Stage (d) The final stage of this Nietzschean nihilism is the death of all traditional values (transvaluation of all values) and the admission that ethics is grounded in the will to power. The empty self risks ending in nihilism, that is, self-affirmation through the rejection of all values. One after the other, the authoritative horizons of life, Christian and humanist, are cast off as shackles on the will. Under these circumstances, freedom means dependent in one’s actions only on oneself, lacking accountability to God, principle or society (Ibid., p. 157). Foucault’s ethics seems to include all four stages. He points enthusiastically in the direction of freedom, but does not offer parameters or guidelines of how to proceed, intentionally so. Nor does he offer ways of avoiding or managing the most negative results of this kind of freedom.

Taylor’s Moral Self-Construction Diagnostics (structure for articulation of freedom)

~from Malaise of Modernity

Category A (Creativity)

(i) Creation and construction (as well as discovery) of the self.

(ii) Pursuit of originality in one’s self-crafting.

(iii) Opposition to the rules of society and even potentially to what one recognizes as morality, or the moral order.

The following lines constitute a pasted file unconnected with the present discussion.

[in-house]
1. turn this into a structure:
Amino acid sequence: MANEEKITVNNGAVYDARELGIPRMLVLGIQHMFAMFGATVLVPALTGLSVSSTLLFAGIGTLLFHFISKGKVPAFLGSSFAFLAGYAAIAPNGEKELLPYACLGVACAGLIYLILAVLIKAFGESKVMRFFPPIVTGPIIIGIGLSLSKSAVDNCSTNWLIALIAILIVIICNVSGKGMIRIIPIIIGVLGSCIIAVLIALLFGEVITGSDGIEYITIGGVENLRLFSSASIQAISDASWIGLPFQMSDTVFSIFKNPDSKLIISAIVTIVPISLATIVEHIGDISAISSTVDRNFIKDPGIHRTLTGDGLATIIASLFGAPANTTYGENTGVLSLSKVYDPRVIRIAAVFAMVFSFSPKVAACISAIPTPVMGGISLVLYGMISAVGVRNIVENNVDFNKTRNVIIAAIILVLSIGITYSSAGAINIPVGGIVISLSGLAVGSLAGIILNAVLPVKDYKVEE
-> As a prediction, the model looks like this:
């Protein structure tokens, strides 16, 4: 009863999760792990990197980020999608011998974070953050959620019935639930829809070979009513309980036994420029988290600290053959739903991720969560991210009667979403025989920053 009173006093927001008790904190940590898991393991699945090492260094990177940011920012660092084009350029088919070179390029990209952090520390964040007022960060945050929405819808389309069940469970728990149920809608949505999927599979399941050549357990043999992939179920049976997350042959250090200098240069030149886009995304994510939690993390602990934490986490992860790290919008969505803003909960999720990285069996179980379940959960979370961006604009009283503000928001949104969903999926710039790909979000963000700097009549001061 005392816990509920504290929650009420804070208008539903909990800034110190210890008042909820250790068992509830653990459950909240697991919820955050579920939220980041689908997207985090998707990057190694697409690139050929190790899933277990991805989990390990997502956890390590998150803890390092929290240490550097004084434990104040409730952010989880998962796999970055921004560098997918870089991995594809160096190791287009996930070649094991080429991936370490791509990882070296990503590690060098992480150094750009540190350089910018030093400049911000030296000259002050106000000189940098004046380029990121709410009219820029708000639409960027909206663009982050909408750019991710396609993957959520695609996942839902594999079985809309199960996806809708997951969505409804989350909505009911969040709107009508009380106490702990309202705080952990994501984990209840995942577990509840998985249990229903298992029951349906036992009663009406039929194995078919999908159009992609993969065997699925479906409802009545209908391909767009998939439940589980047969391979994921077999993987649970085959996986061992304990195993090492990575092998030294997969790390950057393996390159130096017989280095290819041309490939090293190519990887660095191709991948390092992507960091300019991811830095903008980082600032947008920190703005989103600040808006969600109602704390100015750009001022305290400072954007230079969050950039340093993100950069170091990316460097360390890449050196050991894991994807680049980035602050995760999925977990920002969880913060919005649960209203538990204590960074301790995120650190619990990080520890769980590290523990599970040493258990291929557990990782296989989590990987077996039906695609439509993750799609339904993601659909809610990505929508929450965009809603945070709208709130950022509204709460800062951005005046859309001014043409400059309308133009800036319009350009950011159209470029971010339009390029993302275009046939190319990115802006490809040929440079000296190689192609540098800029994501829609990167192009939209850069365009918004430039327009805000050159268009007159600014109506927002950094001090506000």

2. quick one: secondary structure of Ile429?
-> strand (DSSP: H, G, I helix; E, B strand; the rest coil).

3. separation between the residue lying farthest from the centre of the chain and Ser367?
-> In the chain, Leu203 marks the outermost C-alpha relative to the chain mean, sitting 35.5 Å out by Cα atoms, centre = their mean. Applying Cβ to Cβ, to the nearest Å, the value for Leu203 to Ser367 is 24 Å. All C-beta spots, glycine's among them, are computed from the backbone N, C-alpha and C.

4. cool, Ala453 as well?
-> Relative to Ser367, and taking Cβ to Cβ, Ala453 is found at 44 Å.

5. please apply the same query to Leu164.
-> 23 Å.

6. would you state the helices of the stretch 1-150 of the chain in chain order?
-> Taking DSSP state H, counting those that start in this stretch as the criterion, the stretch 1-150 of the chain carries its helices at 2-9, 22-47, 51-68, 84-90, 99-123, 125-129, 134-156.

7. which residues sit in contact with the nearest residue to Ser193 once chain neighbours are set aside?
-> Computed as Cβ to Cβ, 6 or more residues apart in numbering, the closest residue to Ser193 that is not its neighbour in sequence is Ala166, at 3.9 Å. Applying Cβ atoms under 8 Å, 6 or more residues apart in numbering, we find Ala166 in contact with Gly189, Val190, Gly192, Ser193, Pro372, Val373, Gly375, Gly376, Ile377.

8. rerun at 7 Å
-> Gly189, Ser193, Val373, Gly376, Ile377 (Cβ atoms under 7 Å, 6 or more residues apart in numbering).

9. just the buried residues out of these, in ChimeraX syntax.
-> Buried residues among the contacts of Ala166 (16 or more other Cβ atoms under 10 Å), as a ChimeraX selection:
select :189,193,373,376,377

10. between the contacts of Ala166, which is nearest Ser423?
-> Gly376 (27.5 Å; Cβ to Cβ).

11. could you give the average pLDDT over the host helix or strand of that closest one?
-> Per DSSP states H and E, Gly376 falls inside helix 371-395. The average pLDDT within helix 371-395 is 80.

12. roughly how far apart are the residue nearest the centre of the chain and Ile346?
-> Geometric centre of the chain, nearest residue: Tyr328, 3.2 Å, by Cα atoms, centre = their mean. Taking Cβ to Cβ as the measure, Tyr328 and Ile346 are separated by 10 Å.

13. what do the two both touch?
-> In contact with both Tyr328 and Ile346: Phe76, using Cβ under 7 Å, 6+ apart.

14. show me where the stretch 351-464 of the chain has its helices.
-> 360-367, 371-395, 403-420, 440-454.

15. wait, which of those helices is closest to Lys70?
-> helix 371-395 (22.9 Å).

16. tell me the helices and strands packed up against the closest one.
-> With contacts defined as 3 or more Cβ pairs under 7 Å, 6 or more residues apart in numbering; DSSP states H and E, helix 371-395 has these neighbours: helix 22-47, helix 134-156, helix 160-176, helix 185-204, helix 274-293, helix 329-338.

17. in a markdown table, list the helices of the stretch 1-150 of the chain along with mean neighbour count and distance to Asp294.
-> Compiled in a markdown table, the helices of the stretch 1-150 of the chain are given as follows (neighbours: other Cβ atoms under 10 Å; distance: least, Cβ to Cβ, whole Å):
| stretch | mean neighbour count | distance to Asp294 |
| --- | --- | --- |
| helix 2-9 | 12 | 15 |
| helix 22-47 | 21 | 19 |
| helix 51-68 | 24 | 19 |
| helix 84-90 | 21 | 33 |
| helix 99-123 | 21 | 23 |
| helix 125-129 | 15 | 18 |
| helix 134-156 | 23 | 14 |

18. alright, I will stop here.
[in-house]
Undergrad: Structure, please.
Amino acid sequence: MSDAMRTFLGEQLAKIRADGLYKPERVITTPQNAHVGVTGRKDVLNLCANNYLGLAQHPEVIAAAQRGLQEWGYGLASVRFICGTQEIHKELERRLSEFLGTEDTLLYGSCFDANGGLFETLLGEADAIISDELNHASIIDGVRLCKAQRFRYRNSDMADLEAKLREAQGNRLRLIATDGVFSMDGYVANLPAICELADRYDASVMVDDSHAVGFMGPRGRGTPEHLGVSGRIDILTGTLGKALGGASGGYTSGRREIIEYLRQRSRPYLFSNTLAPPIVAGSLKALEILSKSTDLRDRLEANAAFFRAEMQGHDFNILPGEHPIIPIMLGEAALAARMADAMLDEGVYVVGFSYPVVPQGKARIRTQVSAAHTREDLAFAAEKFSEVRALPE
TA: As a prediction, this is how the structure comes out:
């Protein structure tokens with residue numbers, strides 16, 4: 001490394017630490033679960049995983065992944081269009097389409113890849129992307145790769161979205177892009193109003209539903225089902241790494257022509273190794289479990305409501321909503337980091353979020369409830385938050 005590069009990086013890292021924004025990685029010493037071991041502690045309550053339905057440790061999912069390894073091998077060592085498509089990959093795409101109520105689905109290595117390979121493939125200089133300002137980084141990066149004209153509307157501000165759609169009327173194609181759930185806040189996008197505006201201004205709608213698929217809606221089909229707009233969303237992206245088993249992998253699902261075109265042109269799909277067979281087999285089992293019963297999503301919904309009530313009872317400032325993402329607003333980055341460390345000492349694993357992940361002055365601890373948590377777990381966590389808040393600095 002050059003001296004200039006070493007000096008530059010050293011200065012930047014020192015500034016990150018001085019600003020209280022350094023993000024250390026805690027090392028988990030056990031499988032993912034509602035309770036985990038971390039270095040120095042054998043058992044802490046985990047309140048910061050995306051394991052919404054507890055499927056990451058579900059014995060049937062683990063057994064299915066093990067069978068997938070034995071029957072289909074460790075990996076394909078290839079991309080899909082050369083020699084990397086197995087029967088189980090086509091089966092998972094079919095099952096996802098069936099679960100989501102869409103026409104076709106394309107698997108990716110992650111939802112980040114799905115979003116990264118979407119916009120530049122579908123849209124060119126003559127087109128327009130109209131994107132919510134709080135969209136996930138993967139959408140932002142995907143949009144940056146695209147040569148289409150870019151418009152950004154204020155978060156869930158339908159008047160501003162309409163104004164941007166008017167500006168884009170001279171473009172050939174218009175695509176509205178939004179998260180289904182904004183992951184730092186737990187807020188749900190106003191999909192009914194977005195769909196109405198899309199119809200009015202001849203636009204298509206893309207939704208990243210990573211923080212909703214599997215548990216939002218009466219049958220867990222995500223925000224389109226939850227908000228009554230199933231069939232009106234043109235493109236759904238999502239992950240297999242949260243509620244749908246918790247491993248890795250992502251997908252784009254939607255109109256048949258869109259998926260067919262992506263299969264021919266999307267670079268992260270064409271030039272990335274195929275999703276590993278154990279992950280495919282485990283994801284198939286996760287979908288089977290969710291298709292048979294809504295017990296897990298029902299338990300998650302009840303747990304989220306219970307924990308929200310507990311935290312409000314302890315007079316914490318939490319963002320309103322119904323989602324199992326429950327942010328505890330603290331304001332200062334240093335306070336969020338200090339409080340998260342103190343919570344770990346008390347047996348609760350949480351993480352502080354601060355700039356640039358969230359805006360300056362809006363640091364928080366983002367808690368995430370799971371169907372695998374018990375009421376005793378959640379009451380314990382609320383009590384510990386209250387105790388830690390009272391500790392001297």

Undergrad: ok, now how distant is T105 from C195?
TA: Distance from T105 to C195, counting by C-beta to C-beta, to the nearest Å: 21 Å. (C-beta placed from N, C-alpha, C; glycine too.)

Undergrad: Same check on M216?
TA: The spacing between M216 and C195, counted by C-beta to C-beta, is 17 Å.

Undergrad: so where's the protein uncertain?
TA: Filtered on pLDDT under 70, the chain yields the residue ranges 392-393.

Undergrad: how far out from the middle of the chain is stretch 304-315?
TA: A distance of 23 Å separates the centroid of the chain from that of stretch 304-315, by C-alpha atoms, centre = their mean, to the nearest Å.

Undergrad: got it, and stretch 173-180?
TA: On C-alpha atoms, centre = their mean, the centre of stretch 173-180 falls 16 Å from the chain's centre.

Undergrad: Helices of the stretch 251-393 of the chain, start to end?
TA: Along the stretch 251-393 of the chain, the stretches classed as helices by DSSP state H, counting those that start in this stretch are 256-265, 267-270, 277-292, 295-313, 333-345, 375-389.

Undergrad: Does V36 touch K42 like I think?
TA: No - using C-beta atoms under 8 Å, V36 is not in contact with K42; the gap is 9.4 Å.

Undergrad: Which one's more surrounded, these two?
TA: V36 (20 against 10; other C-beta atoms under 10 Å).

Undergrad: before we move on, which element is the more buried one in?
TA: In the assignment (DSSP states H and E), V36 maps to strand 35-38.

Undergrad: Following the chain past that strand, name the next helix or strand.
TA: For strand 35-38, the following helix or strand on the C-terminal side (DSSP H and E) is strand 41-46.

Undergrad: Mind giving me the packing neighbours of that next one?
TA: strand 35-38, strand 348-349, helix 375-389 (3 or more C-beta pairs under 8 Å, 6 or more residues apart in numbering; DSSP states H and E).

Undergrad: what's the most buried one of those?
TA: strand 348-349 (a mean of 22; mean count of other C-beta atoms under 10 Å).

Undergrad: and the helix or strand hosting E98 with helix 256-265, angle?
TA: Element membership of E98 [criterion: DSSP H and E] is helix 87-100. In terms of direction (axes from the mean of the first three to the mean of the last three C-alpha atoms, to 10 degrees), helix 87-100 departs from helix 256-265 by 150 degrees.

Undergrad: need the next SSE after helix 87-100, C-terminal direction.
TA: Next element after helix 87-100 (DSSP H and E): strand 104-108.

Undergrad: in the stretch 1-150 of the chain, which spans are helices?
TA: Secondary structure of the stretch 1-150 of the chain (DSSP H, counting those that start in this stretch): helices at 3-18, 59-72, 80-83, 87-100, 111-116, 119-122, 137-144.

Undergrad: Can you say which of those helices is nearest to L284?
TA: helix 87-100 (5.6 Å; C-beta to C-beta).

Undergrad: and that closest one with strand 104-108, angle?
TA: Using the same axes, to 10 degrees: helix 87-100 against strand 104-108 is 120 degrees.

Category B (Social and Moral Accountability)

(i) Openness to horizons of significance prevents one’s self-creation from losing the background that can save it from insignificance and trivialization (self-destruction of meaning).

(ii) Self-definition needs to be developed in dialogue with significant Others, that is, fellow moral interlocutors within a community and a narrative. (Taylor, 1991, pp. 65, 66)


Consequences of Radical Freedom: Taylor argues that there are four significant dangers in this type of self-determined, atomistic, situationless freedom. He saw the same problems in Hegel.

(a) Self-trivialization: The feeling of emptiness emerges within this notion of freedom; it produces a self that is hollow.

Complete freedom would be a void in which nothing would be worth doing, nothing would deserve to count for anything. The self which has arrived at freedom by setting aside all external obstacles and impingements is characterless, and hence without defined purpose. (Taylor, 1979, p. 157)